|Addiction Treatment Industry Newswire|
|01/29/2013 – ATIN – To start the year, fast growing psychiatric hospital drug rehab and alcohol rehab addiction treatment center operator Acadia Healthcare made what, at first glance, appeared to be a relatively insignificant transaction – 50 beds acquired from a primarily med surg focused health system in Georgia. This type of transaction- where a specialist medical play acquires assets from a generalist “system” – can perhaps be seen as almost a bread and butter type deal for Acadia CEO Joey Jacobs who, in his previous incarnation as founder and CEO of behavioral health deal engine Psych Solutions, did many dozens of similar transactions. What elevates the deal into the potentially quite significant is the fact that the Georgia asset, Greenleaf Center, was part of the non-profit South Georgia Medical System, the first and only acquisition so far of a non-profit property by for-profit Acadia.
Non-Profit into For-Profit
At the very least, of course, Jacobs is hopeful that the behavioral health non-profits could perhaps become an aggressive deal making patch, thus opening up an enormous asset base in which his growth-by-acquisition modeled Acadia Healthcare might thrive. Going beyond hopeful, though, Jacobs pretty much flat out predicts a significant consolidation of the non-profits: “We believe the non-profit segment of the healthcare industry has the potential to be a meaningful source of additional acquisition opportunities,” Jacobs said in the short press release announcing the Greenleaf Center acquisition and, it seems, also signaling Acadia’s intent to focus on non-profits.
In a short conversation with Treatment Magazine earlier this month, Acadia COO Ron Fincher pointed out that of the few dozen or so facilities acquired over the couple of years since Acadia was founded, most have an addictions treatment services element or are entirely addictions specialty focused. Of course, the headline example of that is the $90M acquisition of Timberline Knolls, one the very top names in high end addictions care and an asset that, according to Fincher, has fired on all cylinders since its acquisition last summer.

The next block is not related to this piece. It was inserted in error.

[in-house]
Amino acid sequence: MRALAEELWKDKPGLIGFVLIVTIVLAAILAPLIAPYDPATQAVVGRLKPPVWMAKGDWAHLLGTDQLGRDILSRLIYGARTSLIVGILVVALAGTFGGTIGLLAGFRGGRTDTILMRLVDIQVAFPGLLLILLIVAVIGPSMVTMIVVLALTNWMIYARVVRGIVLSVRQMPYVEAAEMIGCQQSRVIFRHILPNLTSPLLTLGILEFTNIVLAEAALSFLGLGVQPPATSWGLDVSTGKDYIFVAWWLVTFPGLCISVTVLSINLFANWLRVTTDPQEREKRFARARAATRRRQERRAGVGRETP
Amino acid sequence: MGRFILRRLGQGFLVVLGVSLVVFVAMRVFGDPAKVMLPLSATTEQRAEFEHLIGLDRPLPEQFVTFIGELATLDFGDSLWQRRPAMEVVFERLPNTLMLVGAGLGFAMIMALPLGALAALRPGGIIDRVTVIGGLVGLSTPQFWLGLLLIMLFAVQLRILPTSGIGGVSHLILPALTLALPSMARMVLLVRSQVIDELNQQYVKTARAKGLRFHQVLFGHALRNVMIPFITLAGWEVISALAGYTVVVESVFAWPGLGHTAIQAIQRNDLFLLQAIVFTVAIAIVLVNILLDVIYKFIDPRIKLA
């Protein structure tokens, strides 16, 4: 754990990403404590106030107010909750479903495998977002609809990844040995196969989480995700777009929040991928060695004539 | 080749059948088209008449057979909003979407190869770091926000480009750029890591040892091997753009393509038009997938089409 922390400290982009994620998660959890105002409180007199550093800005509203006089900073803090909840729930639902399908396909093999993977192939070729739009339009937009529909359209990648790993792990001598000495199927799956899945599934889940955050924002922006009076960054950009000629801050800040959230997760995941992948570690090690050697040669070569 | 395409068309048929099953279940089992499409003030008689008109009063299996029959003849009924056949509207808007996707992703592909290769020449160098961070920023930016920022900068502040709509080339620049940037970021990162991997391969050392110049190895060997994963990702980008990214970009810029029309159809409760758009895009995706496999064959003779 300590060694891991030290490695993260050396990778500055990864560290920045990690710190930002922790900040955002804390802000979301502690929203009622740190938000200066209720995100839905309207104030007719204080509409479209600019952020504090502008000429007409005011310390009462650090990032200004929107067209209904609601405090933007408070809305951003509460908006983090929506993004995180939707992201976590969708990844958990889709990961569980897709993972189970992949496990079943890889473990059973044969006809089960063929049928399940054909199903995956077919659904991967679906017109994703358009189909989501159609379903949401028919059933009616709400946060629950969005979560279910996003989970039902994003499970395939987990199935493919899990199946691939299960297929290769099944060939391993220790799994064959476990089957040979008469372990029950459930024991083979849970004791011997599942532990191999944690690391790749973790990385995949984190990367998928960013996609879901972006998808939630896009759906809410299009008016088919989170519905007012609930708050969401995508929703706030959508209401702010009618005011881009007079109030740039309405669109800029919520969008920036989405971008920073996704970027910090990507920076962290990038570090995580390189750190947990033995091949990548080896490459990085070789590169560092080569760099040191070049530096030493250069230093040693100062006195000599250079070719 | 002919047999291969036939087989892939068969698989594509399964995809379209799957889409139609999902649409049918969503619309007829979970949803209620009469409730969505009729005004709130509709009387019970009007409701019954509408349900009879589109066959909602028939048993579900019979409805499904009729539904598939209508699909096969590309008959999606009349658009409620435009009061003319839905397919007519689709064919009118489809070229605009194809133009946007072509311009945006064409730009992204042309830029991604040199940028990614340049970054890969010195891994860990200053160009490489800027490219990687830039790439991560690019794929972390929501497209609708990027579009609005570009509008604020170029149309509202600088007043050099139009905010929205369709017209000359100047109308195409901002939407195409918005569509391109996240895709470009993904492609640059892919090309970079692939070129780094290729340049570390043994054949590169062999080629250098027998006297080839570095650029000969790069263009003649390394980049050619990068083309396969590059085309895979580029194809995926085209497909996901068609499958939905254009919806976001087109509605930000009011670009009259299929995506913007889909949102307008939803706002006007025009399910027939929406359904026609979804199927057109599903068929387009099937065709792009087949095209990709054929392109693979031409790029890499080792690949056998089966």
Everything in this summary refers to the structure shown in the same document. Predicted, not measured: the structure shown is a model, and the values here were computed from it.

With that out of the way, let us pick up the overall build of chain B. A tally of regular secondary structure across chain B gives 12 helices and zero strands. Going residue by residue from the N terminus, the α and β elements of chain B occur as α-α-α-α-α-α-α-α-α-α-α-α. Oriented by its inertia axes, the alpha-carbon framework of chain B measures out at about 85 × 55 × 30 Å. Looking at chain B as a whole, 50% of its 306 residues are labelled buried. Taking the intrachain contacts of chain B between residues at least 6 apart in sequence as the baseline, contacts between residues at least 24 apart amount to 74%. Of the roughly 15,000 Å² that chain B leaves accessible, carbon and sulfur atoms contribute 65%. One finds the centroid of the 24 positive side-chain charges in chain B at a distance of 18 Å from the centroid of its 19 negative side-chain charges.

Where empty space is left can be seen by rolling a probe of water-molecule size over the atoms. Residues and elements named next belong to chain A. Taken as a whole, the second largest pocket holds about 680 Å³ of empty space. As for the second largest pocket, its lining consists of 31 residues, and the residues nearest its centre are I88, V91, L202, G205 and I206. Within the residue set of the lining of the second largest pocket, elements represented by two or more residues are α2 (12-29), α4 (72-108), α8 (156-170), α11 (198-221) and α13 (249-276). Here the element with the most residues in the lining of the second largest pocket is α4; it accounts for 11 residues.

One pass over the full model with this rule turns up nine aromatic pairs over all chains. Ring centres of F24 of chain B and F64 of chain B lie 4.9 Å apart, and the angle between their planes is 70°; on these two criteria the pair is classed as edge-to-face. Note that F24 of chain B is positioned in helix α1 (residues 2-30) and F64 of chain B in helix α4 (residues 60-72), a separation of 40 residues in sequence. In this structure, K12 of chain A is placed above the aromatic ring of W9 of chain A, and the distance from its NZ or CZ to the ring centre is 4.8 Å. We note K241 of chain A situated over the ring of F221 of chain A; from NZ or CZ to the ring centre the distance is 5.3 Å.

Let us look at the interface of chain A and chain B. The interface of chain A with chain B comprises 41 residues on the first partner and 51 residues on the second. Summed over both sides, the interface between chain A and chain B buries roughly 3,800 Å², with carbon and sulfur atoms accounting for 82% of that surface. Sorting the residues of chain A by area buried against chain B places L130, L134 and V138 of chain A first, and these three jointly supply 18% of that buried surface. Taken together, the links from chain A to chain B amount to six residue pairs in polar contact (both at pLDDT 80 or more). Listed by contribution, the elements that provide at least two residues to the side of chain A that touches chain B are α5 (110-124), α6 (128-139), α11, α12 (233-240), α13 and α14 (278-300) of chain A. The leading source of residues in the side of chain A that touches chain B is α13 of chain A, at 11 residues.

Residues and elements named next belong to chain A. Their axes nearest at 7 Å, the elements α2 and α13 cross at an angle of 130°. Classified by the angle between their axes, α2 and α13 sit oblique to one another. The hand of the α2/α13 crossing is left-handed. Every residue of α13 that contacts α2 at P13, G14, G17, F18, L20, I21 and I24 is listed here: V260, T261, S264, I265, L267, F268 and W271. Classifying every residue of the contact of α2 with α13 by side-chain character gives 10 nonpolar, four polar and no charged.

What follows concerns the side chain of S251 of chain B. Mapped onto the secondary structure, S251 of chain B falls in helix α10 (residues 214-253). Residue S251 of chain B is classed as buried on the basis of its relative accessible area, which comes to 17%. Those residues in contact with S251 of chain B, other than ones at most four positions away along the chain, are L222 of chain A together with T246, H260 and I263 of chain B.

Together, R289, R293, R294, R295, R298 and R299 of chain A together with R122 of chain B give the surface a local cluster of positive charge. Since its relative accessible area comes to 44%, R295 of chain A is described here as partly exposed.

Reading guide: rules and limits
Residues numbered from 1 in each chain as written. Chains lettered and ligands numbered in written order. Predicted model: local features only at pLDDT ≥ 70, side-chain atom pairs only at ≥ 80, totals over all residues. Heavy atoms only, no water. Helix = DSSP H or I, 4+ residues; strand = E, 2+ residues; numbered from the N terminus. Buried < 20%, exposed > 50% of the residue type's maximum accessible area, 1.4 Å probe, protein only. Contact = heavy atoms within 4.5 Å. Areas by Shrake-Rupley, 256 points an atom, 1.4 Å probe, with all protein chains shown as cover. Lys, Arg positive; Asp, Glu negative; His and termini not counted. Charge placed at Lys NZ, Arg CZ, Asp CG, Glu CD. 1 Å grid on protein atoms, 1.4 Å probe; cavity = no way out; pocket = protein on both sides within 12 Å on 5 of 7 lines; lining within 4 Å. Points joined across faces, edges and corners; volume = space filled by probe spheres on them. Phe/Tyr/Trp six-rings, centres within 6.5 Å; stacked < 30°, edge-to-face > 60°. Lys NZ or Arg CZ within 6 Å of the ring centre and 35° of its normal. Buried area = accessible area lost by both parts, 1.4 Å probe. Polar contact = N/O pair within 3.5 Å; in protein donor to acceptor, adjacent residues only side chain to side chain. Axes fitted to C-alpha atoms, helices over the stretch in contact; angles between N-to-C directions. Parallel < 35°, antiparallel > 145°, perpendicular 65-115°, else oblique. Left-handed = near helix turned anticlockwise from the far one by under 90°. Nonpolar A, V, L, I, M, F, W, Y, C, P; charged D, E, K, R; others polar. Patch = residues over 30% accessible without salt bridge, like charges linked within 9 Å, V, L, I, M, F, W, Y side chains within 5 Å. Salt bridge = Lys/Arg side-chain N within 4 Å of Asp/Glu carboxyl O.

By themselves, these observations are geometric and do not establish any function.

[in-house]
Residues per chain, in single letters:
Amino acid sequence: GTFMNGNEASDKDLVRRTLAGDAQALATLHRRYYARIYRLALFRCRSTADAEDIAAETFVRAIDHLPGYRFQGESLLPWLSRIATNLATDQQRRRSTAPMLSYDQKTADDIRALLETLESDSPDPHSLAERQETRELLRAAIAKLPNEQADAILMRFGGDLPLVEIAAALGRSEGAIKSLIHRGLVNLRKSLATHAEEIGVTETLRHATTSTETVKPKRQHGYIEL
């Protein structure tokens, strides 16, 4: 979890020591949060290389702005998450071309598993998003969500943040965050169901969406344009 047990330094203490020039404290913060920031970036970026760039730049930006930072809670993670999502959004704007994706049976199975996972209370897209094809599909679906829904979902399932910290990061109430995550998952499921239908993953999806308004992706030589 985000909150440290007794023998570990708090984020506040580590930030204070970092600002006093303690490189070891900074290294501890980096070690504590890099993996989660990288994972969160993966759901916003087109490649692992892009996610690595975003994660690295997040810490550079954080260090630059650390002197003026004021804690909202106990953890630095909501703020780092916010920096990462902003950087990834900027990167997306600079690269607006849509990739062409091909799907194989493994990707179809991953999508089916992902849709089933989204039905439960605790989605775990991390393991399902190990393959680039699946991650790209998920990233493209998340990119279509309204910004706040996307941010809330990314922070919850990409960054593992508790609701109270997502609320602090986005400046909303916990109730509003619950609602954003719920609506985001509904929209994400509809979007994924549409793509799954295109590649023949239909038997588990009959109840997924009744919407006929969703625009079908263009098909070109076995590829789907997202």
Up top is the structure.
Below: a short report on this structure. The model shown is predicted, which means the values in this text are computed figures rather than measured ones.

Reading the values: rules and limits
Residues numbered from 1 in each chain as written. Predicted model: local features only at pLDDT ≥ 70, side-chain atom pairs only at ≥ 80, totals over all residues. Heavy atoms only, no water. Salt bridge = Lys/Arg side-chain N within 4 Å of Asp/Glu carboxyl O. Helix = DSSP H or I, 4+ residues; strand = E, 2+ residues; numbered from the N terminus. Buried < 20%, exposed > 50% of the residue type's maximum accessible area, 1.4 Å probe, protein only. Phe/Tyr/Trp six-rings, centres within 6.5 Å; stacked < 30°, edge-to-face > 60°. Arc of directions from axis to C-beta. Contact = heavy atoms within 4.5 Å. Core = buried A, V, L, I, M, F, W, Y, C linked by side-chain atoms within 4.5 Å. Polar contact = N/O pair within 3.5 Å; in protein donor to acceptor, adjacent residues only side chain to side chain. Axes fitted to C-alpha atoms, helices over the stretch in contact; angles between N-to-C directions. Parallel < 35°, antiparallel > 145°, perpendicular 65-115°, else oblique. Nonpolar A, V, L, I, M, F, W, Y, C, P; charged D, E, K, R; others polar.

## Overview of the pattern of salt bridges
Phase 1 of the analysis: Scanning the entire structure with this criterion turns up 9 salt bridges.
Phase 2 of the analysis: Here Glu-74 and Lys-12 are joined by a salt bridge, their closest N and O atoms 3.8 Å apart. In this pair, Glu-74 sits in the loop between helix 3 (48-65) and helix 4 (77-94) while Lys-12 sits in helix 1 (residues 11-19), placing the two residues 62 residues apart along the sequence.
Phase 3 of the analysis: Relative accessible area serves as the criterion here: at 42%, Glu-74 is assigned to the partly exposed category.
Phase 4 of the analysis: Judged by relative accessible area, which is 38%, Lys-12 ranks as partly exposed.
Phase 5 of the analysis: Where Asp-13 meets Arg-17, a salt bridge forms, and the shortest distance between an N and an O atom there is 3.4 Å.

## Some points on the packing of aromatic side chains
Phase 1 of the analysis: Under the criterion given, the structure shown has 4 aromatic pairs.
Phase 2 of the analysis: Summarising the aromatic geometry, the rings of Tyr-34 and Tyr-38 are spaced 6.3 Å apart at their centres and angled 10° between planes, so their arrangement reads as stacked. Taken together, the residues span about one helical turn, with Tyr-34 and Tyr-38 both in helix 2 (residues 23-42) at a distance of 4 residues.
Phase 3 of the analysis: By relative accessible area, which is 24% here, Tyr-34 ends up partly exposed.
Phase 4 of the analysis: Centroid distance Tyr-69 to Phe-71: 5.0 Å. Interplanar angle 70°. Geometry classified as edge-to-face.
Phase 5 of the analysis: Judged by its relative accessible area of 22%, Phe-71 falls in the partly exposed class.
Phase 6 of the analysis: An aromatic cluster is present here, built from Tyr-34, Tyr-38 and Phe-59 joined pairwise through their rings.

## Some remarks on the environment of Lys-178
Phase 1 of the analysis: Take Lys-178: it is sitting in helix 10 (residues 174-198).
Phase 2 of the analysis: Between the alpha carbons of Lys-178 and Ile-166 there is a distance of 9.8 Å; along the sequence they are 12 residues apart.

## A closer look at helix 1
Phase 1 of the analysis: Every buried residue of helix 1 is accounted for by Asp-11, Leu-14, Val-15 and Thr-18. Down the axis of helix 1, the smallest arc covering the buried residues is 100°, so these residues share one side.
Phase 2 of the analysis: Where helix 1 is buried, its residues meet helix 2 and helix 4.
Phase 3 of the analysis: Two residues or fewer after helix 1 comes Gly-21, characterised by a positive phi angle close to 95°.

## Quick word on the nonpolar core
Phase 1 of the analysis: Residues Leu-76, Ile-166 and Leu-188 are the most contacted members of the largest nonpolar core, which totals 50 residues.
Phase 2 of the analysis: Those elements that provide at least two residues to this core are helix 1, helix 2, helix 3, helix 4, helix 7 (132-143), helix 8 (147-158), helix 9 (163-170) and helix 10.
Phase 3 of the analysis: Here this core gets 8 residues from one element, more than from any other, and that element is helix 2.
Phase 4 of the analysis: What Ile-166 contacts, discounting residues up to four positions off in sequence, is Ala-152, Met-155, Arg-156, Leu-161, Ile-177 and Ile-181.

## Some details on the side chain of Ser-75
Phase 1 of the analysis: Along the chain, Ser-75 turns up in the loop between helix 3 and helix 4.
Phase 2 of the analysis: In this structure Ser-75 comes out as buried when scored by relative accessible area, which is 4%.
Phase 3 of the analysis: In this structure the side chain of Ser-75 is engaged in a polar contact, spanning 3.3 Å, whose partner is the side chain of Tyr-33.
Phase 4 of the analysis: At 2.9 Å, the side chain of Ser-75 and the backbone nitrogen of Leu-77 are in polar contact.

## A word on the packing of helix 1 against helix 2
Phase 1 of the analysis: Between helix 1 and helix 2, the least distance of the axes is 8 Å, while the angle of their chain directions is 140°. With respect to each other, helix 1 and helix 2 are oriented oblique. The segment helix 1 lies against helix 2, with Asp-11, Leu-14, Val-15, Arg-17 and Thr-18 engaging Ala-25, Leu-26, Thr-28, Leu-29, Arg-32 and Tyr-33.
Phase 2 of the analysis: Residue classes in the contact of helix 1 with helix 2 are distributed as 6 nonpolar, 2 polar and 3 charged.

Accounting for some 60 percent of the $35B addictions treatment marketplace, non-profits have traditionally dominated addiction treatment service delivery in the U.S. To what extent well-known names like Hazelden, Betty Ford and the other top tier private non-profits, a sector of the market some derisively refer to as the “for-profit non-profits,” would ever be available to a for-profit entity for purchase is open to some considerable question and is a highly unlikely event in the near future. When the Hanley Center ran into financial difficulties about five years ago, for-profits galore kicked the Palm Beach center’s tires. But, ultimately, it was with its non-profit brethren, Caron, which the Hanley board decided to a deal. There are many thousands of “public” non-profits that for many years have been crying out for a consolidation agent, a role that Gateway Chicago very seriously considered taking on at one point nearly a decade ago. But after retaining investment bankers and scouring the addictions landscape, Gateway passed on doing even a single deal. CEO Michael Darcy told Treatment Magazine at the time about a dearth opportunity due largely to a need for huge capital expense to bring willing targets up to Gateway’s high standards. As state addictions budgets – for a long time the fastest growing payor funding source post managed care – have been slashed, the need for a consolidator of the public treatment sector remains greater than ever. The problem, as before, is that there is no entity out there with cojones big enough to take on the task.
It seems likely that any acquisition of non-profits by for-profits in the near future – barring some path breaking deal driven by unforeseen politics and economic circumstance – will likely be similar to the deal Acadia did in South Georgia earlier this month – where a prominent non-profit entity has an asset that for some reason… no longer fits its strategic plan, cash drain etc…- that is put out for sale.